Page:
Trade spend glossary: All the essential terms you need to know

Richy Ugwu
June 24, 2022

Talking about trade spend often involves specialized terminology, with some terms that seem very closely related. Whether you’re new to the world of trade spend or simply want clarity on the industry jargon used, we’ve got you covered with this handy glossary. 

Brand marketing

Brand marketing definition

Brand marketing includes all the activities that aim to promote the whole brand, which could include a range of different products. It does not directly urge a sale, but rather communicates awareness of the brand and establishes a relationship with its target audience, which could be consumers or business partners. A strong brand has high brand value, which, in theory, transfers to value for the brand’s products. Logo design, catchy slogans, social media presence, advertising, and media creation all form part of brand marketing.

Good brand marketing does more than simply highlight a product’s quality and advantages. Effective brand marketing is based on extensive market research that communicates a brand’s values in a way that appeals to multiple demographics as a key part of their lifestyle.

Brand marketing promotes the brand as a whole rather than a single product. Via Pexel

Brand partnership

Brand partnership definition

Brand partnership, also known as co-branding, is when two brands partner to offer their branded products in conjunction, for example, when a fast food restaurant offers a branded toy from an entertainment franchise with their kids’ meal, a make-up brand features celebrity-branded products or an airline partners with a hotel or taxi booking service. The aim is to transfer the success of one brand to the other partners, and vice-versa. 

Brand partnerships offer all partners involved a chance to broaden their reach, reach new demographics and benefit from the knowledge of all partners. Of course, the partnership must make sense for the brands and works best when they share similar values and offer complementary products. Well-known brands can often create significant social media buzz from their devotees simply by announcing their association.

Brand partnerships is when two brands collaborate, like in the case of co-marketing campaigns. Image via HypeBeast Copyright H&M/Versace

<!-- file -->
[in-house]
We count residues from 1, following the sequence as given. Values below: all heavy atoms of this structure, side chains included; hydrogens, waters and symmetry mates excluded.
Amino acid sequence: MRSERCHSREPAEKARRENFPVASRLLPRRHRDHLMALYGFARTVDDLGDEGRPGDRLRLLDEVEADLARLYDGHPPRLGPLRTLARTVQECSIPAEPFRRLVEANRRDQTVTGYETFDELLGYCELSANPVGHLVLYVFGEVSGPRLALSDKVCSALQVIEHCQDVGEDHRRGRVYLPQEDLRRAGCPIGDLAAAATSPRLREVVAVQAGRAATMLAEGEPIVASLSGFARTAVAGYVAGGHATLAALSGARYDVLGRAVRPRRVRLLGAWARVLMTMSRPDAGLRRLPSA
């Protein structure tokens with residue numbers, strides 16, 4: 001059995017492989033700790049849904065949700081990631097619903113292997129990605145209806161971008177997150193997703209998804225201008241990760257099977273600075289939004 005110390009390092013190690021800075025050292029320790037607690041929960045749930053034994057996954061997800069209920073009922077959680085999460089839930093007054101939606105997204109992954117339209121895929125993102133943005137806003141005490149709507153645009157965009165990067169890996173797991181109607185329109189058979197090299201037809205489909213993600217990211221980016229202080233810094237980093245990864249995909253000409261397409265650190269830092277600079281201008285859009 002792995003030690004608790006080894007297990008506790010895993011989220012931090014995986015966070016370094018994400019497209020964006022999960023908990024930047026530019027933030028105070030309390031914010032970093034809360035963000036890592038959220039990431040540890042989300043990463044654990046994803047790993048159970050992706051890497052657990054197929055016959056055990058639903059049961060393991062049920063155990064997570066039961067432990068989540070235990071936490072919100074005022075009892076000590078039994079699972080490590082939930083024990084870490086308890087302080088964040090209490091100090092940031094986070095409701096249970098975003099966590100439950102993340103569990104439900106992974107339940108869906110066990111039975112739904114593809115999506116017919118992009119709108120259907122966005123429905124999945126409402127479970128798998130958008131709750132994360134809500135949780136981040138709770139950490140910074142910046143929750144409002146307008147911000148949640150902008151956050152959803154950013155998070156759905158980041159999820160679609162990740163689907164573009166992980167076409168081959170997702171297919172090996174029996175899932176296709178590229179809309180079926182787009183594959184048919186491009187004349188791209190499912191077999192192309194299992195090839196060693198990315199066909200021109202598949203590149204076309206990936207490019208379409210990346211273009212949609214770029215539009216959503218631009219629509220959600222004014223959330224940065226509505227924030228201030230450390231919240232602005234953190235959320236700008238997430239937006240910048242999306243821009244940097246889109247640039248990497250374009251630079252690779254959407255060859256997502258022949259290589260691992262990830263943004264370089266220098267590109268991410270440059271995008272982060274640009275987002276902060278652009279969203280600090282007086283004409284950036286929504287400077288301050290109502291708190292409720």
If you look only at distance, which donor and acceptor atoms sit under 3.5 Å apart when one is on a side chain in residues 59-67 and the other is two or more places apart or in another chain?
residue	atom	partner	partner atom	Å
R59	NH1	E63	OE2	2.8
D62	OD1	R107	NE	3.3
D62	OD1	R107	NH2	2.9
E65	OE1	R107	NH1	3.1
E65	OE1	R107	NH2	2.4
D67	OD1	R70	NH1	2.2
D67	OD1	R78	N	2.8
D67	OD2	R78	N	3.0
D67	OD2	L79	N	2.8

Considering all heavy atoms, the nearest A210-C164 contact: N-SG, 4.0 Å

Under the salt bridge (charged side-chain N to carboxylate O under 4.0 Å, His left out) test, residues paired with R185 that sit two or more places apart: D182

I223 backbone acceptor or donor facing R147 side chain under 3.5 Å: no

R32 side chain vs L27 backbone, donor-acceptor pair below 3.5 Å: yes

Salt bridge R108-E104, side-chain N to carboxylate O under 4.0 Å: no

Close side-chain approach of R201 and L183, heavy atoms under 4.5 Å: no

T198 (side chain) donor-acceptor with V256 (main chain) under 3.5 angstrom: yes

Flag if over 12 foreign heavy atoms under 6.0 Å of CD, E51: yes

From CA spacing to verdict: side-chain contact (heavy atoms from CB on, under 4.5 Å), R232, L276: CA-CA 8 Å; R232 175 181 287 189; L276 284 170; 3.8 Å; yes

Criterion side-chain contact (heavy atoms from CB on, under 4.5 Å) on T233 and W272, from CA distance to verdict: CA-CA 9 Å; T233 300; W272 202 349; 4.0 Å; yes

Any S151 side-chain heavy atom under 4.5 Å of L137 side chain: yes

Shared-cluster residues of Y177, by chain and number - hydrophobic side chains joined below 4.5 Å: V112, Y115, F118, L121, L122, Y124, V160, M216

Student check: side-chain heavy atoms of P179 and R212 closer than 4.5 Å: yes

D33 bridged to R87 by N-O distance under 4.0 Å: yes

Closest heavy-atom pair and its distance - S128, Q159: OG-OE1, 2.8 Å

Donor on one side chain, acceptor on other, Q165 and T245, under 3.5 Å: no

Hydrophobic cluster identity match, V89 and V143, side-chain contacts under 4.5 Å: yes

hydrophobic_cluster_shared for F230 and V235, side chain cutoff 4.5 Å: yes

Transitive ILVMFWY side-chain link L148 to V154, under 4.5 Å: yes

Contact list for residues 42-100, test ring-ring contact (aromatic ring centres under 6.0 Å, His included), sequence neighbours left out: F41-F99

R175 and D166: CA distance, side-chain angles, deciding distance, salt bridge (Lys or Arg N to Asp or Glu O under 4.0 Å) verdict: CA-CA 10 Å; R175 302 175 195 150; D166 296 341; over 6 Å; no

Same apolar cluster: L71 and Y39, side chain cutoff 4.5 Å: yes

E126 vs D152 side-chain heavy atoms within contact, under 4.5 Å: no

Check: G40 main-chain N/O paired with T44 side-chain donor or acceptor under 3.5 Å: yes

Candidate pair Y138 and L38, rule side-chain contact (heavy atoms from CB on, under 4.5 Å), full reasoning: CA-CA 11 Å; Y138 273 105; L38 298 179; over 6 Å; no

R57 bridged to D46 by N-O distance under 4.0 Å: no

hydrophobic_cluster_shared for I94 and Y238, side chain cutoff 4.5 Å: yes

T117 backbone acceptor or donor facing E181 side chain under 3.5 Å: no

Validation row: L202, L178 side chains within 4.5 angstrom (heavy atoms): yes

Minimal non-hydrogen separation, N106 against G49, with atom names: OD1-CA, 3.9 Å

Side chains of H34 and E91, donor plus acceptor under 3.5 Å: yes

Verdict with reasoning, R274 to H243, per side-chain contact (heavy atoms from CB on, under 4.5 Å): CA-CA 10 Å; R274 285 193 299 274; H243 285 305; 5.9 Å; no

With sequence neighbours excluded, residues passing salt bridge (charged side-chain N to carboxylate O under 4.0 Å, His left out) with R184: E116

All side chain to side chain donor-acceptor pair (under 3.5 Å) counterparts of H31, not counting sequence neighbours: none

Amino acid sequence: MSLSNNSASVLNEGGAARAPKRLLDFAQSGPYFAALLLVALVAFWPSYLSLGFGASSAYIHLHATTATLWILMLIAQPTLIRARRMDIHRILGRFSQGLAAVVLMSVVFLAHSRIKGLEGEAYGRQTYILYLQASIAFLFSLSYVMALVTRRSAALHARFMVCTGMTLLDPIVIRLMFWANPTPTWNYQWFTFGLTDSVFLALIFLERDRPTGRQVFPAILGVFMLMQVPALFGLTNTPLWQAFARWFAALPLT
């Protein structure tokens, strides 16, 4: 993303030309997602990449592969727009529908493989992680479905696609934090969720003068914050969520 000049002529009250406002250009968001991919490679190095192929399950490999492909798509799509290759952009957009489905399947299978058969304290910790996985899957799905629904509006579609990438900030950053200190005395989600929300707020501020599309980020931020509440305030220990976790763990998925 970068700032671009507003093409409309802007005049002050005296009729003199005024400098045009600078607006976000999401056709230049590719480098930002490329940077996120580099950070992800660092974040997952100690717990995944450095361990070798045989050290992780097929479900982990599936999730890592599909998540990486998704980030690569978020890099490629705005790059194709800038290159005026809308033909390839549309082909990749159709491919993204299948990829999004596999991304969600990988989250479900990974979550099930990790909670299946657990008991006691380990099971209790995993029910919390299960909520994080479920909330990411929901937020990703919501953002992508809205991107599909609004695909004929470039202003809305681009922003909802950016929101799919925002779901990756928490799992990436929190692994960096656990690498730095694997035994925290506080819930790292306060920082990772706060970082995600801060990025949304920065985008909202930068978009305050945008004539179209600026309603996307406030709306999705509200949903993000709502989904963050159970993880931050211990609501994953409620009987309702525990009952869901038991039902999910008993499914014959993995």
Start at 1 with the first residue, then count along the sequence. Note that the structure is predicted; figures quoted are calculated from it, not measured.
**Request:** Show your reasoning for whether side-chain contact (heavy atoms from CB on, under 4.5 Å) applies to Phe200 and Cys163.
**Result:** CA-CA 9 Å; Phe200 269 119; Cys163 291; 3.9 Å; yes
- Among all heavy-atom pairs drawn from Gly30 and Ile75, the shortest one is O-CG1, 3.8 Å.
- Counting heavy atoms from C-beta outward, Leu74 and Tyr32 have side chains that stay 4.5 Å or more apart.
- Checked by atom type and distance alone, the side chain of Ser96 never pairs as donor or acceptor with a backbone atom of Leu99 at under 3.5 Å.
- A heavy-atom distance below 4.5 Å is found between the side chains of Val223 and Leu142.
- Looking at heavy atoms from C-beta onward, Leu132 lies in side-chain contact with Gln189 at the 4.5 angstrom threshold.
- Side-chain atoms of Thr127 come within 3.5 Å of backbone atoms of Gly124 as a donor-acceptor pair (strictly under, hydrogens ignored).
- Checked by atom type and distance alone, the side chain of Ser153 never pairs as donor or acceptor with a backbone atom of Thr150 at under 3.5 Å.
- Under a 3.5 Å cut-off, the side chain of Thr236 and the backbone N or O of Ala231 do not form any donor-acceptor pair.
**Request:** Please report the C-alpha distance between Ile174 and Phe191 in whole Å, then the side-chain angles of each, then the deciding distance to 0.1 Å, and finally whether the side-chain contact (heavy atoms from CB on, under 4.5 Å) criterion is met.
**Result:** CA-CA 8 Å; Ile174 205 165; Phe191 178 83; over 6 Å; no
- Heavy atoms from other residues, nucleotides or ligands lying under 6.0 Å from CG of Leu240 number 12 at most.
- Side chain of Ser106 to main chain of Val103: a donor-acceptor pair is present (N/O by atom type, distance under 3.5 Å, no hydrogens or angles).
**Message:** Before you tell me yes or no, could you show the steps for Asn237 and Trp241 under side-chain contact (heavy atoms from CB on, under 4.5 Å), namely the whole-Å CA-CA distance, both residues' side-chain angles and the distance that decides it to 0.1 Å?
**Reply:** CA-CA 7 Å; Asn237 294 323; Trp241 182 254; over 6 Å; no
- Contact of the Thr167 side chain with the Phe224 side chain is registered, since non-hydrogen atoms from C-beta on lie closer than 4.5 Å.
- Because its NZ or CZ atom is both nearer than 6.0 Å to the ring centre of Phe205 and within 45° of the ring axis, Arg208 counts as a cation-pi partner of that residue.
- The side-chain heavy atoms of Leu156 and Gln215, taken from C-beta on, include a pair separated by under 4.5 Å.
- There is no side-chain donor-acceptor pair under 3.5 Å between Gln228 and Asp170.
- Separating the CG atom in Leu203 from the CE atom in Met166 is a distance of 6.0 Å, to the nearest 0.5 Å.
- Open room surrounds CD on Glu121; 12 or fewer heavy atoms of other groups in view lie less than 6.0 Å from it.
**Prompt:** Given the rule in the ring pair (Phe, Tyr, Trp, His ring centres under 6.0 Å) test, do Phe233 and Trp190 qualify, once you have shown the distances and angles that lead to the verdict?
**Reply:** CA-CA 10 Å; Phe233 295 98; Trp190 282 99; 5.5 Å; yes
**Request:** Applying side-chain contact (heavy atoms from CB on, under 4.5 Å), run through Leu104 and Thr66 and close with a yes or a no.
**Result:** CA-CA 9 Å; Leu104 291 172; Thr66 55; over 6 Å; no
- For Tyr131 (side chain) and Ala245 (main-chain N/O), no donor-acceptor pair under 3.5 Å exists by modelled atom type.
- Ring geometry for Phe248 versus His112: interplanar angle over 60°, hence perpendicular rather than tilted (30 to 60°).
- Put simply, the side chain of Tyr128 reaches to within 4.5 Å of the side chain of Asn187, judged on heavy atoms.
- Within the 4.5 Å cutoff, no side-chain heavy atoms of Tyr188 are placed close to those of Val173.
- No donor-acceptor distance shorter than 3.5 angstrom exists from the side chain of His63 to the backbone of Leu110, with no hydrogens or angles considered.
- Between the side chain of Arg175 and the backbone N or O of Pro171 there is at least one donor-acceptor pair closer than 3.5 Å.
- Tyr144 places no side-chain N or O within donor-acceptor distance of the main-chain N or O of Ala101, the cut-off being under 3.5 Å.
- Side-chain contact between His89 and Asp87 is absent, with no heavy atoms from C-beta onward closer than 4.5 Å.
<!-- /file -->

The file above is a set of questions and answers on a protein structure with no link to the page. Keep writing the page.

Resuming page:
CPG (Consumer Packaged Goods)

CPG (Consumer Packaged Goods) definition

Consumer packaged goods are items that customers buy and use frequently, so they also require regular replacement or replenishment. Typically, these are items such as food, beverages, toiletries, cleaning products, cosmetics, clothing, and over-the-counter pharmaceuticals.

Consumer packaged goods are usually low-priced, widely available commodities. Because they are things that are regularly bought and replaced, the demand for consumer packaged goods is typically quite stable, staying constant even during times of economic volatility. Since consumer packaged goods are cheap to produce, competition for shelf/store space is extremely high, and a strong brand can make all the difference in sales. Take a look at any supermarket shelf display to see how branded goods compete with cheaper store branded alternatives.

CPG (Consumer packaged good) refers to all goods or commodities that consumers frequently buy, either in stores or online. Image via Pexel

Trade spend 

Trade spend definition

Trade spend is all the activities that a brand undertakes with retailers. Most brands do not exclusively sell in their own stores. Instead, they work with multiple sales partners (merchants) that sell their products. Merchants have direct access and interaction with consumers through their sales channels (e.g., physical and online stores). Brands have the product and the corresponding marketing resources to create demand for it. Therefore, it makes sense for brands and merchants to partner together to increase mutual profits.